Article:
- 16th April 2018
- Posted by: Joanne Woodhouse
- Category: Projects
Historically, weirs were used to control the water level of rivers to facilitate navigation, permit extraction, prevent sea water intrusion or to power watermills.
In recent years, there has been a reawakening of interest in exploiting weirs as a green energy source, either by building new structures, or retrofitting existing ones with turbines. Concurrently, the EU water framework directive established core environmental objectives that meant no development could compromise achievement of appropriate ecological status; unhindered longitudinal migration of aquatic species is fundamental to successful reproduction for a wide range of aquatic species and therefore in-channel developments, including Hydroelectric Power (HEP) schemes, must demonstrate no negative impact on such migration.
Regulators often require HEP schemes to include structures to facilitate longitudinal fish migration. Knowledge is also lacking regarding the combination of fish passes and HEP outflows on mean and turbulent flow characteristics, and in turn whether these may be modified such that “attraction rates” – the likelihood of an approaching animal successfully locating a fish passageway- may be improved and “delayed passage” may be minimised.
A PhD project undertaken at the Centre for Doctoral Training in Fluid Dynamics at Leeds University and co-funded by the JBA Trust aims to undertake the following:
1. Develop an Eulerian-Lagrangian Agent-Based Model (ELAM) of fish responses to hydraulic (e.g. strain, mean velocity and turbulent pressure driven by the 3-D CFD code;) and other (e.g., chemical, light/shade, sound, temperature;) drivers;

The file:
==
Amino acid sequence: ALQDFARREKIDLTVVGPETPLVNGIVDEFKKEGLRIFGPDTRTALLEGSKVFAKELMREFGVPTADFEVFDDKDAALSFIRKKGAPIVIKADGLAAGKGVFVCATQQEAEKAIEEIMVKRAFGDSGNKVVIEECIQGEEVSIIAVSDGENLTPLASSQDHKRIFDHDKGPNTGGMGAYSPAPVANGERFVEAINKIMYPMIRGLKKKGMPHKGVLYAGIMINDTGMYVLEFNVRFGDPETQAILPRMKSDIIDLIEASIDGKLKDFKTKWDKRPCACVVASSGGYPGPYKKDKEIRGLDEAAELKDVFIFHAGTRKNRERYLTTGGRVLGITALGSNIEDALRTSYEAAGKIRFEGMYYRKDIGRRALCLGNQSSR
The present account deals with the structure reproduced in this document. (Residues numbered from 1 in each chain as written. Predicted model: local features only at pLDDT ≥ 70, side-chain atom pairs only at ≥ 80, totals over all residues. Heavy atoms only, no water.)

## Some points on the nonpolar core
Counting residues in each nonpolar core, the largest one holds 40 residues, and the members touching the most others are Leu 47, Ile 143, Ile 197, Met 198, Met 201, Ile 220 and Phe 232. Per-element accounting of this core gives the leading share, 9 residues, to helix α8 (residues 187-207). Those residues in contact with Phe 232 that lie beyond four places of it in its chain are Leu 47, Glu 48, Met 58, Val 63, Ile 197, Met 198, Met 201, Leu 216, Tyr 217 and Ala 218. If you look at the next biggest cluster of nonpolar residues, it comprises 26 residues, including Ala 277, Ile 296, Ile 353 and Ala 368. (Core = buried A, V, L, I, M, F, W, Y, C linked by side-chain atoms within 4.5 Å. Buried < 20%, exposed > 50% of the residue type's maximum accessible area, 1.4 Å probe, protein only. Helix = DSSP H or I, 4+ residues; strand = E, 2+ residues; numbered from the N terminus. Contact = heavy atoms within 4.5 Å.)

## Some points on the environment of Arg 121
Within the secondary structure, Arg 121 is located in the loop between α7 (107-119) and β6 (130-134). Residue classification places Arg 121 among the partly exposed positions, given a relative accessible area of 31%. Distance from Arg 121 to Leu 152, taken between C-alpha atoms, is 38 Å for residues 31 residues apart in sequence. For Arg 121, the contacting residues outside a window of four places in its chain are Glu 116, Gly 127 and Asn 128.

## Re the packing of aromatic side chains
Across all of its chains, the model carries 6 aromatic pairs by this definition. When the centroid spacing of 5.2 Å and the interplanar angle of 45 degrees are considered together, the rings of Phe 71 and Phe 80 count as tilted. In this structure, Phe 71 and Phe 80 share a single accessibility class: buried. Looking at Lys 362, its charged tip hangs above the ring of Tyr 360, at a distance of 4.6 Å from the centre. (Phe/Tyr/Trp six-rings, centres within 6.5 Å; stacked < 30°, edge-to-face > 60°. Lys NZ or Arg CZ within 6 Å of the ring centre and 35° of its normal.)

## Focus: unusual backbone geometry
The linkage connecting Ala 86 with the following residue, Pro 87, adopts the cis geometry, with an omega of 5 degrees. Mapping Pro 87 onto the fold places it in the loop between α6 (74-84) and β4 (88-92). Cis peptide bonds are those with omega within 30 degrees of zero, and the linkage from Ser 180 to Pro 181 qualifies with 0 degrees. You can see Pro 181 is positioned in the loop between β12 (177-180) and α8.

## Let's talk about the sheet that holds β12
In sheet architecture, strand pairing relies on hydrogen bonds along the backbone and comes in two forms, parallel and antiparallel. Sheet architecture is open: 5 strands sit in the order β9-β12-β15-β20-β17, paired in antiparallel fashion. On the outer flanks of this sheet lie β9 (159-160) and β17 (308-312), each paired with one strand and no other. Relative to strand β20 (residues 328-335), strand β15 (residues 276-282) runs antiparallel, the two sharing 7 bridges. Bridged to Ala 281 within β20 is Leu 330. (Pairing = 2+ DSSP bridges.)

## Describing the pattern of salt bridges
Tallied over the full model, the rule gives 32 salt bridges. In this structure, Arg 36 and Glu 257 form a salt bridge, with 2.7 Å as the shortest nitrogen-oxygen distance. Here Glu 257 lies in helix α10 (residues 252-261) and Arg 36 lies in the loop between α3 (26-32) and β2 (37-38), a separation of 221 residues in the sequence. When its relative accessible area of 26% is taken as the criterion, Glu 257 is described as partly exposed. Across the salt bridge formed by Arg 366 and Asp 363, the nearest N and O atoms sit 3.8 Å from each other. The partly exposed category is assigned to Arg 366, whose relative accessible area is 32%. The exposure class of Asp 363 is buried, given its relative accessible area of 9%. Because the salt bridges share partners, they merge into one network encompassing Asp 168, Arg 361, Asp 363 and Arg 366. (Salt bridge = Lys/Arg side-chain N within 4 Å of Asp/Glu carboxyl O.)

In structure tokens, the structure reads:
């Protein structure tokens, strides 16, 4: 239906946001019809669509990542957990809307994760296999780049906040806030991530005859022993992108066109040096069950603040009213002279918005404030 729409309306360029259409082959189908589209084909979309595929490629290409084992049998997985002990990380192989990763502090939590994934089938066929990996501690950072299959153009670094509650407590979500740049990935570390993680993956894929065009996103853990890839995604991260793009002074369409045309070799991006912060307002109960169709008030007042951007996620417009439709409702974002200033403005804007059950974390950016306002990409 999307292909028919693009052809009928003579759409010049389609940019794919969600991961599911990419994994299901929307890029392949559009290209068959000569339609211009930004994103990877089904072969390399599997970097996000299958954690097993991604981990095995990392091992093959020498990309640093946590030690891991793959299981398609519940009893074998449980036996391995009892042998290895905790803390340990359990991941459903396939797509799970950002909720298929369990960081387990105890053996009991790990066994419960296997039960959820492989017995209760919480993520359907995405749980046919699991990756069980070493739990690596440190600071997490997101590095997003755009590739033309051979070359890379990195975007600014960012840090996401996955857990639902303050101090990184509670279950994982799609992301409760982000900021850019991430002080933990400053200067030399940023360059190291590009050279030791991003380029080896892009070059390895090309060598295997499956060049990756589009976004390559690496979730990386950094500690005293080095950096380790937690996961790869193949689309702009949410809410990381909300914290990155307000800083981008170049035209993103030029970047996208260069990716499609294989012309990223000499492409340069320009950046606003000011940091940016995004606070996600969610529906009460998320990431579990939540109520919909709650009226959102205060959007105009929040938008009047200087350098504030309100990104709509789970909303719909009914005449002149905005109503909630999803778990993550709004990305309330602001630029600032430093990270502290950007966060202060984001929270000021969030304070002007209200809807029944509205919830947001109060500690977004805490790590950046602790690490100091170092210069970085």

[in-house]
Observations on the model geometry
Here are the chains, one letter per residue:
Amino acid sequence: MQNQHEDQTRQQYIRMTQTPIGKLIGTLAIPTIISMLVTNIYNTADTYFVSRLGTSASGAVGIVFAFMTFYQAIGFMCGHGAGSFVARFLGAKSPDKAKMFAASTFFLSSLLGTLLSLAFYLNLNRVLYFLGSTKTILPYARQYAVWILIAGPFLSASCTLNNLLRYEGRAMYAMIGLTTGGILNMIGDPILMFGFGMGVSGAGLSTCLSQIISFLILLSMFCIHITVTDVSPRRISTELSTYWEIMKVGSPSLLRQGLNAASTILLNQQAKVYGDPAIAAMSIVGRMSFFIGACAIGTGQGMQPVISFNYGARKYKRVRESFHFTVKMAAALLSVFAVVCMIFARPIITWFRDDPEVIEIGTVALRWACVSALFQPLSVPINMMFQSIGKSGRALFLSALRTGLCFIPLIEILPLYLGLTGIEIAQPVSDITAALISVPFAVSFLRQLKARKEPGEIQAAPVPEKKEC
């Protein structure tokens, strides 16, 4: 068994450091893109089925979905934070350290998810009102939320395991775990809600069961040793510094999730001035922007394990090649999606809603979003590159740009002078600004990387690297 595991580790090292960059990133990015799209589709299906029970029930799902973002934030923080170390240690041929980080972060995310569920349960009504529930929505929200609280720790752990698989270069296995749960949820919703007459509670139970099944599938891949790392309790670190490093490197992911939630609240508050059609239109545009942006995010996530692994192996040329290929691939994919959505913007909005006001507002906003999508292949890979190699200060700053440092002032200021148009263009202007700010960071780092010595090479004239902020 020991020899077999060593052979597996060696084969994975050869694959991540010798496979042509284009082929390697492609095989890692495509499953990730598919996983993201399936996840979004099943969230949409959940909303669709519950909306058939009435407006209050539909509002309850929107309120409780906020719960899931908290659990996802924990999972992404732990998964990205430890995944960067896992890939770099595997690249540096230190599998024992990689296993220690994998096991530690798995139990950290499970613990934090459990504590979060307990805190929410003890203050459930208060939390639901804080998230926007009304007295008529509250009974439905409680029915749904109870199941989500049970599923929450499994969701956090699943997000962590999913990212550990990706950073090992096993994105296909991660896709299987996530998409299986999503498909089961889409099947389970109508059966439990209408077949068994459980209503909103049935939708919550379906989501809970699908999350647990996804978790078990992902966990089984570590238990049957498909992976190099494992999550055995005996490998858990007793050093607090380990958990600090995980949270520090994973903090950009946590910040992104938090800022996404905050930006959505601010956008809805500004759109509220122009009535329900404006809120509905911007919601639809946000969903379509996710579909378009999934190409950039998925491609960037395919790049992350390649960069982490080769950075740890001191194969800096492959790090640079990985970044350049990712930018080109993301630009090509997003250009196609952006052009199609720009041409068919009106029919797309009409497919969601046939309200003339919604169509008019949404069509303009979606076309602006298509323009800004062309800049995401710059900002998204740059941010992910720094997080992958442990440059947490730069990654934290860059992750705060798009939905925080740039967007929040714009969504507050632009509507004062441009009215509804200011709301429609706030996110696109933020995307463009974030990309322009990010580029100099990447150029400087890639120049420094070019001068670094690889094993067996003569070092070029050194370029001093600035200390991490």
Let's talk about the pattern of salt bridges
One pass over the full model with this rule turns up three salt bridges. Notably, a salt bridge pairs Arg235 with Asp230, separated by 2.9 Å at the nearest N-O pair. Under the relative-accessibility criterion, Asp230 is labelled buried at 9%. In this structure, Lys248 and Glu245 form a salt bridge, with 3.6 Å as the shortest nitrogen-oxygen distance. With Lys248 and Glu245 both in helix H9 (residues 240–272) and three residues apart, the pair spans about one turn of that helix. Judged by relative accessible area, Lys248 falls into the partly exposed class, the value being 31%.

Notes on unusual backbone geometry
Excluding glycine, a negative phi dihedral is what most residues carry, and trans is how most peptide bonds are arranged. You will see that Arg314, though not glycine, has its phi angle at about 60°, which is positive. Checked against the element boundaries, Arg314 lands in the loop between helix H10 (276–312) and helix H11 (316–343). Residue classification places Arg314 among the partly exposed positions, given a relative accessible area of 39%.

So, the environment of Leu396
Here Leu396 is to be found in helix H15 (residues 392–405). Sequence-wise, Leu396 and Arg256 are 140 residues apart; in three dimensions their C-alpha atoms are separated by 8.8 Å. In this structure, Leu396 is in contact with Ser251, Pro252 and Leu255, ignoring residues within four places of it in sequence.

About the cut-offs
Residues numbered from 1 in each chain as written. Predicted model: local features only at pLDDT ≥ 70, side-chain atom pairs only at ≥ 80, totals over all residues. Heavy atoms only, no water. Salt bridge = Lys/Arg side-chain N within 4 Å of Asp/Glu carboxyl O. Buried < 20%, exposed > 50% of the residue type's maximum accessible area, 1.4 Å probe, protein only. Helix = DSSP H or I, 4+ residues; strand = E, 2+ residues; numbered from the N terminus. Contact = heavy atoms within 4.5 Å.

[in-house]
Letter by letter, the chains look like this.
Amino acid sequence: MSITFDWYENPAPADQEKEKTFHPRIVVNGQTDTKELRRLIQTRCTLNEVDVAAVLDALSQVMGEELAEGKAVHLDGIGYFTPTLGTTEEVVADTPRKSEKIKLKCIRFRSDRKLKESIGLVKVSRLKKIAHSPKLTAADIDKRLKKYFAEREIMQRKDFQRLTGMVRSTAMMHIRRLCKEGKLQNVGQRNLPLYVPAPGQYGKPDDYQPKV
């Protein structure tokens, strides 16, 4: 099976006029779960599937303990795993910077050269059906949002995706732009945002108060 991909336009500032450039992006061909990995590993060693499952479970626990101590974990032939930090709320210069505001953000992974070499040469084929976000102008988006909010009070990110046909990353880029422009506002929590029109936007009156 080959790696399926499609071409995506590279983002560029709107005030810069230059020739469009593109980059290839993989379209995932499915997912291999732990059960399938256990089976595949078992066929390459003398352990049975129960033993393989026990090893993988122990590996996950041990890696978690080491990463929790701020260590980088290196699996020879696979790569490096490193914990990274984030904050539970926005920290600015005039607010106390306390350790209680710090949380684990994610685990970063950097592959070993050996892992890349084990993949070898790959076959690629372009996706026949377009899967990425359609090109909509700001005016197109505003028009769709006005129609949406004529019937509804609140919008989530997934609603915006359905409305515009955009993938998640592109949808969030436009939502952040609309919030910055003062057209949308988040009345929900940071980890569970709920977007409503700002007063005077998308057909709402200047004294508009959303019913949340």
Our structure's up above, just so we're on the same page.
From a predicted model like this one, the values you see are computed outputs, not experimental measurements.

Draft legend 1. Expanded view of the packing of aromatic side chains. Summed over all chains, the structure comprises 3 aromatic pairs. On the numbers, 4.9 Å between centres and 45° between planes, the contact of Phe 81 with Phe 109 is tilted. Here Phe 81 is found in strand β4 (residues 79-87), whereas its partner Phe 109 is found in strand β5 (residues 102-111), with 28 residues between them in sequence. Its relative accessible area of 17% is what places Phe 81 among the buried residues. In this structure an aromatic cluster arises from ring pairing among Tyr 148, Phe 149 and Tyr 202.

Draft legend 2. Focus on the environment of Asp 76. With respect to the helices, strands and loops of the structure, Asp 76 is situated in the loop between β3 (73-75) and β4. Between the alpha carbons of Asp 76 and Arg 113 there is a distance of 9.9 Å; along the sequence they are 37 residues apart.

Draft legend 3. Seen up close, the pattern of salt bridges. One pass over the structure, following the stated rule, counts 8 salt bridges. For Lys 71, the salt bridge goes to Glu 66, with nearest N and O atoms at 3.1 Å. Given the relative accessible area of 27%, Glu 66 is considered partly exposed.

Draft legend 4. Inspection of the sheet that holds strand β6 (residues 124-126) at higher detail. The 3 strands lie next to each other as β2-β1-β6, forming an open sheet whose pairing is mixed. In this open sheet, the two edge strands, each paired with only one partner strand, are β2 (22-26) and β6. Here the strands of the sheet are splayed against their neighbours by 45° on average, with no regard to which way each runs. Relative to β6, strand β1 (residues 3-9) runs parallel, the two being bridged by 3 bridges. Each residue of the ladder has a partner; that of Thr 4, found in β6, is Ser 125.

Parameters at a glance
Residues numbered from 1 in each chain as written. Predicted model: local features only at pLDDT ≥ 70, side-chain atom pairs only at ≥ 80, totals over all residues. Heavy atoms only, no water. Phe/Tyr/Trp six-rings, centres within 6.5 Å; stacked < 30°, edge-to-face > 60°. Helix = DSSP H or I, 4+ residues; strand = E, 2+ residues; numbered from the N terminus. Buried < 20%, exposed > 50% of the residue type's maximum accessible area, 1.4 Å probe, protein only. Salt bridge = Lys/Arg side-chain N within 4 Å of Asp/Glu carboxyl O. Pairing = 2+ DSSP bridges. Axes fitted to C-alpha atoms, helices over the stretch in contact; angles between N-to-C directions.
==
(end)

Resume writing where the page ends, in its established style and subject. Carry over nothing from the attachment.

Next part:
2. Perform bidirectional validation of the coupled model with an existing 2-D fuzzy logic habitat model, JHab, and field datasets from the UK and the Pacific Northwest, USA;
3. Use the coupled models to optimise weir geometries with and without fish passes and HEP schemes. It is likely that no single metric will be appropriate for optimisation, but rather multiple objectives may be sought and traded off (e.g. maximise HEP generation, flow capacity and habitat availability for fish and a range of other aquatic fauna while minimising installation cost and disruption to local people; International Hydropower Association, 2011).
This project aims to strip away at the site-specific nature of the issue by analysing a range of weir, fish pass and HEP geometries in terms of the changes to the pure hydraulics of the river and, by extension, the instream ecology of the river. Further, multiple human factors (e.g. local disruption, economic costs, cultural impacts) may be incorporated and traded off within the analysis framework. The resulting modelling tool should permit an objective analysis to be made of optimum HEP and fish pass arrangements to mitigate against ecological damage. Thus, we hope that the modelling tool will allow developers of both low- and high-head hydropower schemes to design optimised, more sustainable schemes.
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